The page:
Appoint a Champion for Each Section – Everyone in your organization has their own passion and excitement for the tree care industry. Use that passion to break up the Z and appoint a champion for each section. The section champions are responsible for understanding what is in their section and how your company can follow the requirements. When the section champions begin to feel responsible for safety items within their section they obviously will put more energy and effort into adhering to the requirement.


Track Close Calls Back to the Z – Many tree services already discuss close calls, but stop there. Take each close call and look back at the Z to see how the unsafe behavior or mistake could have been avoided and which specific line item addresses it. We have started to do this within our insurance agency for the claims that get submitted. In just a few months of tracking this, it is pretty amazing the patterns that we are seeing. It has helped us implement better loss control services for our clients. Any trends that you begin to see are obvious areas that your safety meetings should focus on.


Choose a Section Every Week – During your weekly safety meeting, choose a section or part of a section to go over. Have your team members read out loud each point and discuss it as you go using close calls to explain the importance of each point. Within a couple of months, you and your team will have gone through the entire Z and the document will have become part of your culture.


Use these four easy steps to take the Z from a boring document to an active part of ensuring every employee makes it home safe each night.

For help implementing the Z or bolstering your safety culture, contact an ArboRisk team member.

Written by: Eric Petersen

5 Simple and Powerful Safety Meeting Topics

5 Simple and Powerful Safety Meeting Topics

Keeping your safety meetings interesting to your employees can sometimes be a challenge. Below are five simple yet very powerful meeting ideas that you can use to help continue to promote your culture of safety.

 

Watch Face Exercise – At the TCIA’s 2018 Winter Management Conference, Jim Spigener stated that 75% of all work related fatalities in the United States come from making a mistake while doing routine work. 75%!! To prove this point, he asked everyone to write down as many details about the face of your favorite watch. He said to include specifics like colors, what the numbers look like, what shape are the hands of the watch, etc. It was shocking to see how difficult it was to explain something as common as my favorite watch. This exercise will make the connection that we take routine items and tasks for granted which could lead to a serious accident.

 

Scenario Training – Gather your team in small groups and have the team write out three near miss scenarios from their personal experience. Then instruct the group to discuss the events and create solutions to avoid this near miss in the future. Have a team member from each group share their group’s near misses and solutions. This promotes open communication between team members and encourages everyone to continue to better themselves to be safe every day.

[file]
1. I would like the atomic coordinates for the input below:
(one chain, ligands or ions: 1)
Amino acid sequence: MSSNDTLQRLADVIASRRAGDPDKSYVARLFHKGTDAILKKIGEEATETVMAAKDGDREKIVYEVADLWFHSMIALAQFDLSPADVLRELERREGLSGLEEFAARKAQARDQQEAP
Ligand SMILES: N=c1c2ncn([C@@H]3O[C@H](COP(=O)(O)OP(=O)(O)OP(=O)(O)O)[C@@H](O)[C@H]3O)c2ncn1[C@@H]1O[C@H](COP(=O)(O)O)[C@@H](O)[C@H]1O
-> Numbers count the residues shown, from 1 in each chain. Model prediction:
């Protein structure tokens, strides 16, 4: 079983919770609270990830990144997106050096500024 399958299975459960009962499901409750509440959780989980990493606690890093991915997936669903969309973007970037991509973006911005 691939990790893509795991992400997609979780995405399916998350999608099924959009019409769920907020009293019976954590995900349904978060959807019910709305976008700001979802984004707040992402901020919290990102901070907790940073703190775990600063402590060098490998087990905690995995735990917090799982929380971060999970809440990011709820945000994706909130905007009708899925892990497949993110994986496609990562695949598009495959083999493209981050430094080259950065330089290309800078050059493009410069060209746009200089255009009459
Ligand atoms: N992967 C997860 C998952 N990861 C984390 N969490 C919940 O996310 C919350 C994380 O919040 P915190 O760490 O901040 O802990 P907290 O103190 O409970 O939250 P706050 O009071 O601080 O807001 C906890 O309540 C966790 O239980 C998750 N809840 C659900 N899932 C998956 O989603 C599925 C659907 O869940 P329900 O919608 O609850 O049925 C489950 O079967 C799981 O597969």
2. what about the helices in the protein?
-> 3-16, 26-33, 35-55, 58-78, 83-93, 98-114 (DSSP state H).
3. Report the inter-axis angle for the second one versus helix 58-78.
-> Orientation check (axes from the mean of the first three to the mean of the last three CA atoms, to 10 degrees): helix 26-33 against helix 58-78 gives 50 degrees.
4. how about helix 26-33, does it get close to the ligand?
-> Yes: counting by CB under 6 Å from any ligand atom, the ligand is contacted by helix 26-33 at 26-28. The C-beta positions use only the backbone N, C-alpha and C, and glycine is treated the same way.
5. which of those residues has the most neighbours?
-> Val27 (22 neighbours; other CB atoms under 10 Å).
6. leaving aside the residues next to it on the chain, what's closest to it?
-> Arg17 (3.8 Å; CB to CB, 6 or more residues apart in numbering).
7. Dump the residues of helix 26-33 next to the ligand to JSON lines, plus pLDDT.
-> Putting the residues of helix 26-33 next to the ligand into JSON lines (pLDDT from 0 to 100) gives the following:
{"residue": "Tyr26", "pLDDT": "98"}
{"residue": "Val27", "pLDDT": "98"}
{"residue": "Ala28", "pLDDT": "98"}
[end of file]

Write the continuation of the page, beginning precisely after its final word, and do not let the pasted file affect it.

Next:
Old Rope Under Tension – Because many Arborists learn by watching something happen, this meeting topic shows the importance of always having a second line secured while making a cut. Take an old rope that is out of commission and put it under tension in a vertical setting like it would be when climbing a tree. Use a handsaw to lightly touch the rope until the rope fails. If you have enough rope, split your team up into groups to perform the same test. When the arborist realizes how little pressure is needed from the handsaw to compromise the rope, you should never again see someone not being tied in twice before making a cut.

 

What is Your Safety Story? – I wrote an entire post on this idea in a previous article (click here for it), however, it was such an easy, influential topic, I wanted to mention it again. Begin the safety meeting by asking everyone to write down a time when safety mattered to them. It could be from a serious accident that happened to them or one they witnessed. It could be from an event they heard about. Whatever it is, everyone has a story about the importance of safety that gets to their core. After everyone is done writing, explain why safety matters to you and what your safety story is. Then break the team up into small groups to discuss their individual safety stories. While this is similar to the Scenario Training exercise, this meeting idea should help employees dig deeper to find their motivator for safe behavior. When you focus on personal stories that revolve around safety, the message of working safe becomes a reality for your team.